An attempt at divorce could only lead to a scandalous court trial, which would be a godsend for his enemies, for the slandering and humiliation of his high position in society. Nor could the chief goal – to define the situation with the least disturbance – be achieved through divorce. Besides that, divorce, or even an attempt at divorce, implied that the wife had broken relations with her husband and joined with her lover. And in Alexei Alexandrovich’s soul, despite what now seemed to him an utter, contemptuous indifference to his wife, there remained one feeling with regard to her – an unwillingness that she be united with Vronsky unhindered, that her crime be profitable for her. This one thought so vexed him that, merely imagining it, he groaned with inner pain, got up, changed his position in the carriage and, frowning, spent a long time after that wrapping his chilled and bony legs in a fluffy rug.
‘Apart from formal divorce, it would also be possible to do what Karibanov, Paskudin, and the good Dram did – that is, to separate from my wife,’ he went on thinking once he had calmed down. But that measure presented the same inconvenience of disgrace as did divorce, and above all, just like formal divorce, it would throw his wife into Vronsky’s arms. ‘No, this is impossible, impossible!’ he spoke aloud, beginning to fuss with his rug again. ‘I cannot be unhappy, but neither should she and he be happy.’
The feeling of jealousy that had tormented him while he did not know, had gone away the moment his tooth was painfully pulled out by his wife’s words. But that feeling had been replaced by another: the wish not only that she not triumph, but that she be paid back for her crime. He did not acknowledge this feeling, but in the depths of his soul he wished her to suffer for disturbing his peace and honour. And again going over the conditions of a duel, a divorce, a separation and again rejecting them, Alexei Alexandrovich became convinced that there was only one solution: to keep her with him, concealing what had happened from society, and taking all possible measures to stop their affair and above all – something he did not admit to himself – to punish her. ‘I must announce my decision, that, having thought over the painful situation in which she has put the family, any other solution would be worse for both sides than the external status quo, which I agree to observe, but on the strict condition that she carry out my will, that is, cease all relations with her lover.’ In confirmation of this decision, once it was finally taken, another important consideration occurred to Alexei Alexandrovich. ‘Only with such a decision am I also acting in conformity with religion,’ he said to himself, ‘only with this decision am I not rejecting a criminal wife, but giving her an opportunity to reform and even – hard though it may be for me – devoting part of my strength to reforming and saving her.’ Though Alexei Alexandrovich knew that he could not have any moral influence on his wife, that nothing would come of this attempt at reformation except lies; though, while living through these difficult moments, he never once thought of seeking guidance from religion – now that his decision coincided, as it seemed to him, with the requirements of religion, this religious sanction of his decision gave him full satisfaction and a measure of peace. It gladdened him to think that, even in so important a matter of life as this, no one would be able to say that he had not acted in accordance with the rules of that religion whose banner he had always held high, amidst the general coolness and indifference. In thinking over the further details, Alexei Alexandrovich did not see why his relations with his wife might not even remain almost the same as before. Doubtless he would never be able to give her back his respect; but there were not and could not be any reasons for him to upset his life and to suffer as a result of her being a bad and unfaithful wife. ‘Yes, time will pass, all– amending time, and the former relations will be restored,’ Alexei Alexandrovich said to himself, ‘that is, restored far enough so that I will not feel as if the whole course of my life has been upset. She should be unhappy, but I am not guilty and therefore cannot be unhappy.’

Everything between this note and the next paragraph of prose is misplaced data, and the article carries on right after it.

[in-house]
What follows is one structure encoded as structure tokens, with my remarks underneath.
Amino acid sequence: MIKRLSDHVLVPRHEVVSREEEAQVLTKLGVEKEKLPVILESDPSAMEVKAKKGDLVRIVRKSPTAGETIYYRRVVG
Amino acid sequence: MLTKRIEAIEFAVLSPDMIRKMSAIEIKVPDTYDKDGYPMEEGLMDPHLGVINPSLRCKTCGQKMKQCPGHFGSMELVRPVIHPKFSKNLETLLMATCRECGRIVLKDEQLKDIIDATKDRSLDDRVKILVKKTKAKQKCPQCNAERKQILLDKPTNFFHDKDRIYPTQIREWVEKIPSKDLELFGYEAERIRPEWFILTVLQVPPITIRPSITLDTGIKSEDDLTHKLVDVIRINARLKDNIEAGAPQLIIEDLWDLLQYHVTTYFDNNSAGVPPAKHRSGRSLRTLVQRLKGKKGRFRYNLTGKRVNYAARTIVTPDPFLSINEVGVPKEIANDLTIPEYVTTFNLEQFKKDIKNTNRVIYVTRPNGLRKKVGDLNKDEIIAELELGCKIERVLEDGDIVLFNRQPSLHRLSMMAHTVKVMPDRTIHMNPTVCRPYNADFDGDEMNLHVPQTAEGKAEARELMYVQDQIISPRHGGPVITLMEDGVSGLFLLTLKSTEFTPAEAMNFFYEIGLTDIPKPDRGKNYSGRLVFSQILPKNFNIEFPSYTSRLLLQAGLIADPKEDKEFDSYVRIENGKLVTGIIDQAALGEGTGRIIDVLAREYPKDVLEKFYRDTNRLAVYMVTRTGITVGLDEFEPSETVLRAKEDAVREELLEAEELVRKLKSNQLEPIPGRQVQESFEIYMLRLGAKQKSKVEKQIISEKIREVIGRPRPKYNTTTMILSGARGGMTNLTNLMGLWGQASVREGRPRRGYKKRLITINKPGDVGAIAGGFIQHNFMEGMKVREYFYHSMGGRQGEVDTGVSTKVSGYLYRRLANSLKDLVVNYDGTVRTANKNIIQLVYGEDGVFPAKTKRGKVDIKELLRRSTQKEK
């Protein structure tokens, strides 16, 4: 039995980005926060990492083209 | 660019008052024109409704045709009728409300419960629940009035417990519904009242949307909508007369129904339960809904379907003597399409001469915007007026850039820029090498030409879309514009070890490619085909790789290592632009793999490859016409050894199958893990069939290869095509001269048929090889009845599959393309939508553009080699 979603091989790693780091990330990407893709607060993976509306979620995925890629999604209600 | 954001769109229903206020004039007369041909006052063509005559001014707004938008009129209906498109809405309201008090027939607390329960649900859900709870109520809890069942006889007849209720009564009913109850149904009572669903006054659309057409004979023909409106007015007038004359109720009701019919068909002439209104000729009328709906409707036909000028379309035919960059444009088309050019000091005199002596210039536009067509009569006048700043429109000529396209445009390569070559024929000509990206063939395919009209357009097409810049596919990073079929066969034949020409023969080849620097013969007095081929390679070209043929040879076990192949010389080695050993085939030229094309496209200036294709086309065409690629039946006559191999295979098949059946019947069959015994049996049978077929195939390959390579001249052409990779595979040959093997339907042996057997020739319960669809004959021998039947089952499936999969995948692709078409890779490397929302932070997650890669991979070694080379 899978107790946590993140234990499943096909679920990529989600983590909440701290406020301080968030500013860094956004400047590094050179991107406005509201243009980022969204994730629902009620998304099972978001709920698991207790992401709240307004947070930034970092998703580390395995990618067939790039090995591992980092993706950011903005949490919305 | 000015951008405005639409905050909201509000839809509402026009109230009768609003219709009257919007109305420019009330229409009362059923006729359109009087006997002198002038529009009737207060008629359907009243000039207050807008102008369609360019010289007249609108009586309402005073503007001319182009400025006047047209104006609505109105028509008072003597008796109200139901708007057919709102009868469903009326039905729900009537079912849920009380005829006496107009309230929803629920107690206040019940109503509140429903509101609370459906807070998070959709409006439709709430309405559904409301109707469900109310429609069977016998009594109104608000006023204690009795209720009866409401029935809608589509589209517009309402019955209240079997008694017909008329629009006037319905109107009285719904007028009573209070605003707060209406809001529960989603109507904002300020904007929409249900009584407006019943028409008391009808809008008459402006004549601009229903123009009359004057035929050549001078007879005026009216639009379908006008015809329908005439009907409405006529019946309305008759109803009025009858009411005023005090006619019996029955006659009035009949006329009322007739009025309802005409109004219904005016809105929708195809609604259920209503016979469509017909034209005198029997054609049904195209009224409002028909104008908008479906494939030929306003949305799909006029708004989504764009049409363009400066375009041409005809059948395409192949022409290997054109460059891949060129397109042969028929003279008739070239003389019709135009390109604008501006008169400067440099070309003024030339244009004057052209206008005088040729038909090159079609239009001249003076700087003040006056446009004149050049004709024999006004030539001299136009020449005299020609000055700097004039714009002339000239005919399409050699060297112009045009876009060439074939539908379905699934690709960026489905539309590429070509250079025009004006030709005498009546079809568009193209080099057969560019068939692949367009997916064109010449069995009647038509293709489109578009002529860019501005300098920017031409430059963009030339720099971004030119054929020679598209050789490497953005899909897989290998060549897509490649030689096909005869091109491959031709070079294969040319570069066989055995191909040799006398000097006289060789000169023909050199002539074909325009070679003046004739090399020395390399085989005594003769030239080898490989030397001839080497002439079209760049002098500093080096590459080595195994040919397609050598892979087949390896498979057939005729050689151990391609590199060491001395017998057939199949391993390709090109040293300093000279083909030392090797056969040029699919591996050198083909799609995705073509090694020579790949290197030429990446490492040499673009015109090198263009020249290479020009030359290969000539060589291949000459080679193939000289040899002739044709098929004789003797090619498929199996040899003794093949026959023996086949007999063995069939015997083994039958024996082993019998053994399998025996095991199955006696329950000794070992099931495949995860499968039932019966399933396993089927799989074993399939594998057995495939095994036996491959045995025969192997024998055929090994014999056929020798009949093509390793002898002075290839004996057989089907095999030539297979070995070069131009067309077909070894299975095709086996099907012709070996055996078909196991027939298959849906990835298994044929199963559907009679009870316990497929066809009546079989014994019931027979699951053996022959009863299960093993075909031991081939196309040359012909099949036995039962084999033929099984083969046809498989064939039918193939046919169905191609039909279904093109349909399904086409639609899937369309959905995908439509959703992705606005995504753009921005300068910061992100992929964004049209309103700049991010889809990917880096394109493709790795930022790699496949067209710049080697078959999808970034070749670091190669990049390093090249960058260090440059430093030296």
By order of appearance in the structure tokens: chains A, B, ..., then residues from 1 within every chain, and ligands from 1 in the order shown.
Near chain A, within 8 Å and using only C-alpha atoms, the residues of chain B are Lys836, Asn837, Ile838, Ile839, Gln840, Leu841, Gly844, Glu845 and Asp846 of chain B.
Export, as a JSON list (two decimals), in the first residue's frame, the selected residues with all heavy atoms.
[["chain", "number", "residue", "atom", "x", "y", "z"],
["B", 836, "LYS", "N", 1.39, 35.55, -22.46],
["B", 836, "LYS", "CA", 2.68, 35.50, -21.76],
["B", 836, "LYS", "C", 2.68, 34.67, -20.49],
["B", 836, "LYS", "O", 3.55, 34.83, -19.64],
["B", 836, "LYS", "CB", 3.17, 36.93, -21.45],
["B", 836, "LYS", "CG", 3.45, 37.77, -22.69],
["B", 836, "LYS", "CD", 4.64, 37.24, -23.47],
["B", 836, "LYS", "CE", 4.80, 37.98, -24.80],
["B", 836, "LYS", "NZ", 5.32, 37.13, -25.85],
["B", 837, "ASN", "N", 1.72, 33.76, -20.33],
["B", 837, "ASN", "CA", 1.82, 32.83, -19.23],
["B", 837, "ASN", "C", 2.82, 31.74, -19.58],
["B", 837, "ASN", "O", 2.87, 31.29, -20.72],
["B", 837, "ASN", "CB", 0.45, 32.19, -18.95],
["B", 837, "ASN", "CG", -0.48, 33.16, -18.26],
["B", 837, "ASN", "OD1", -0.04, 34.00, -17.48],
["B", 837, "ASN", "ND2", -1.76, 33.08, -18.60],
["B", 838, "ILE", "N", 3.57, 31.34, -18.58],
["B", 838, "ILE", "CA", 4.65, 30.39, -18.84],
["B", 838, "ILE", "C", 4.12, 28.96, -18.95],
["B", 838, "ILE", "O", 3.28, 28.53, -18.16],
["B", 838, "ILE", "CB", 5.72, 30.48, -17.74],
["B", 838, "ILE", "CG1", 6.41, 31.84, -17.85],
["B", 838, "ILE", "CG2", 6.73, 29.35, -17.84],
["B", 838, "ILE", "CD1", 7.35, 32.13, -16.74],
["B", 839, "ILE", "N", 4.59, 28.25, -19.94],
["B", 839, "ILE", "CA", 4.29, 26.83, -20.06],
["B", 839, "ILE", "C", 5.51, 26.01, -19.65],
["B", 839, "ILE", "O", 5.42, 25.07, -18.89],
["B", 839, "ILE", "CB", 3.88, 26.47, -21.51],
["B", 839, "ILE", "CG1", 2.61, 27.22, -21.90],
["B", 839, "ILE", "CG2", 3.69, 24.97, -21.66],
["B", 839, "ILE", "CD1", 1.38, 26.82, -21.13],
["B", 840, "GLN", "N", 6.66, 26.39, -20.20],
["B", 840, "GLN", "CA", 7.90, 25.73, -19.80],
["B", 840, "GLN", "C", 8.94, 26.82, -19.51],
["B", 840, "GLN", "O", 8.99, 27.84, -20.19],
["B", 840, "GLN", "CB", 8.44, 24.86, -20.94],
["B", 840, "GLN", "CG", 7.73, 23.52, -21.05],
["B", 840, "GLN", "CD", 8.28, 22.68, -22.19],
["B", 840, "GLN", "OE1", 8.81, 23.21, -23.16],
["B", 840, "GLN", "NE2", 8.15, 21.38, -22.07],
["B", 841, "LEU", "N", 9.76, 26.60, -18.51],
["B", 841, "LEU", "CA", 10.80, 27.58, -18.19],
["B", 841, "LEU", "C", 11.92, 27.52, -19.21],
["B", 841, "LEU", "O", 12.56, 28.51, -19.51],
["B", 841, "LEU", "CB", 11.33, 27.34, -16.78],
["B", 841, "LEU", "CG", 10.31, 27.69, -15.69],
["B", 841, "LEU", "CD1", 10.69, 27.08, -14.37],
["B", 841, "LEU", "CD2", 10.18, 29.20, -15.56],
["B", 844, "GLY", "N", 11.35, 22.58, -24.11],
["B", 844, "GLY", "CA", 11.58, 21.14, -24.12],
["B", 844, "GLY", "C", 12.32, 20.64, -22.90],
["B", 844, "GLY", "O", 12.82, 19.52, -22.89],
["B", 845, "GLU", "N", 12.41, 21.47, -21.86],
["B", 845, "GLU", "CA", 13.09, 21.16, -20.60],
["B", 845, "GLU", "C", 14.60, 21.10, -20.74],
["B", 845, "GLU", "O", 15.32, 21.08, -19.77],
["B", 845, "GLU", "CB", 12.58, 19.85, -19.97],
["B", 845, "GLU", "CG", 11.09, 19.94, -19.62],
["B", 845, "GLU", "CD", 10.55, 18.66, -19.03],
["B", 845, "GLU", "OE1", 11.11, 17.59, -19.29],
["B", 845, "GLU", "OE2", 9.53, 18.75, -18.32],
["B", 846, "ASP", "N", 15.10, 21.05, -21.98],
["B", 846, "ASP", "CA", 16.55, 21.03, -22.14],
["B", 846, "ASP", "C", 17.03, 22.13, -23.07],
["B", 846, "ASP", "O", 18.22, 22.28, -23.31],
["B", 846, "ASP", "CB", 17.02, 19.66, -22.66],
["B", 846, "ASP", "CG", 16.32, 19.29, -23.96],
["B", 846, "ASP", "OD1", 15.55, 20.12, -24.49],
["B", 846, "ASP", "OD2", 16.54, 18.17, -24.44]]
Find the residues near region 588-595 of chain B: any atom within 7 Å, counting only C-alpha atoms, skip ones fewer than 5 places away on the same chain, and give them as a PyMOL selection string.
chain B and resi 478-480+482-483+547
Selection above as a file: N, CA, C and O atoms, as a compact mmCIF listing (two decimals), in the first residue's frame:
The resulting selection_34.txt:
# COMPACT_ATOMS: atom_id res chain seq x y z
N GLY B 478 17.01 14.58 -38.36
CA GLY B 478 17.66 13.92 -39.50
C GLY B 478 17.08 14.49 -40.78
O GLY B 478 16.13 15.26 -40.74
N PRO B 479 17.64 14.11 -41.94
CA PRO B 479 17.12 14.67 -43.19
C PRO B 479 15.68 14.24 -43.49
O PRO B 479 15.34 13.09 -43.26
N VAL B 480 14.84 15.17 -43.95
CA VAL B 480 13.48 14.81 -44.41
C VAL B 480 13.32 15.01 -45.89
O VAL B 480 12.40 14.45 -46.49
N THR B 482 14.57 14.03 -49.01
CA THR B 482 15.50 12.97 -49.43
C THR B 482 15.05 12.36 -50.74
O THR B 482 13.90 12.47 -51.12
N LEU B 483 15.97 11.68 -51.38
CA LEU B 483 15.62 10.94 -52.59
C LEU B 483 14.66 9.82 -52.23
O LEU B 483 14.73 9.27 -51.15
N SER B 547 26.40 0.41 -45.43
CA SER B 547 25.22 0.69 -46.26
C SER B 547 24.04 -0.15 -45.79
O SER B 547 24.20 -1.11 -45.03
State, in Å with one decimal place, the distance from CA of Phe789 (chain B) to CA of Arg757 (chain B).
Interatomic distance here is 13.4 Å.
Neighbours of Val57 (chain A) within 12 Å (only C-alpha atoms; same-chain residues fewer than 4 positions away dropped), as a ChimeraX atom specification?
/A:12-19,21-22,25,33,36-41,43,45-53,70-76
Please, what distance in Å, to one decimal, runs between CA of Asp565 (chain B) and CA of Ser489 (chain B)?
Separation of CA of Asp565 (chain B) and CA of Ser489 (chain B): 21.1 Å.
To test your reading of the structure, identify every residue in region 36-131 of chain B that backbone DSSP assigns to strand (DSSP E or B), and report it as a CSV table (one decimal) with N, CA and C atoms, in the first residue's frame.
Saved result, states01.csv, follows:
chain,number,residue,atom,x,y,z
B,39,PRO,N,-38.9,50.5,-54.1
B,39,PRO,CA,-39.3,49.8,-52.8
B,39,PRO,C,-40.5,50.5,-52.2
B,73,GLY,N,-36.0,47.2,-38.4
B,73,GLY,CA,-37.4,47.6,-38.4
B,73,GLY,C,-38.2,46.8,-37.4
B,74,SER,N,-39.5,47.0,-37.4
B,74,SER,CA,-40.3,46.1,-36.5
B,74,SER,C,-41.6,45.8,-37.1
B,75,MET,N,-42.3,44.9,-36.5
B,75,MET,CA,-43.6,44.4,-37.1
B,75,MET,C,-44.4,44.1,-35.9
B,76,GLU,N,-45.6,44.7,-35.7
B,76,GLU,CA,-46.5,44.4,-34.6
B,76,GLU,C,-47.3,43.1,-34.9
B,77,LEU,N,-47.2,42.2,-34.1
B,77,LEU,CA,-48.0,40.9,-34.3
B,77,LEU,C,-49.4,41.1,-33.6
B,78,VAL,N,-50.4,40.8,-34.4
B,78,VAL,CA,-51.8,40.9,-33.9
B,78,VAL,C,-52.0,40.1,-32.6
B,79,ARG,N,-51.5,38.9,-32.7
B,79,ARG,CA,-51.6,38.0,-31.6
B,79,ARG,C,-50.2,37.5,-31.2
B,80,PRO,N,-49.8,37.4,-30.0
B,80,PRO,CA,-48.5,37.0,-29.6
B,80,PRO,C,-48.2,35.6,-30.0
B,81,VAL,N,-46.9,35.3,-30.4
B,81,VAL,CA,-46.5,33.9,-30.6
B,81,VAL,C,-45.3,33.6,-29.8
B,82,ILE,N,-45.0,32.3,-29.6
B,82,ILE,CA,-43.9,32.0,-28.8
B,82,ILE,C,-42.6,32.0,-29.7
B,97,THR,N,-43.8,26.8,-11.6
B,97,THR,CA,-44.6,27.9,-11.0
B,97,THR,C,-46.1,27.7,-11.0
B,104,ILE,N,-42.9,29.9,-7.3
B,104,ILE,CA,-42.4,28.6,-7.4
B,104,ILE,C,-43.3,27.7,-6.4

—Leo Tolstoy, Anna Karenina, p. 198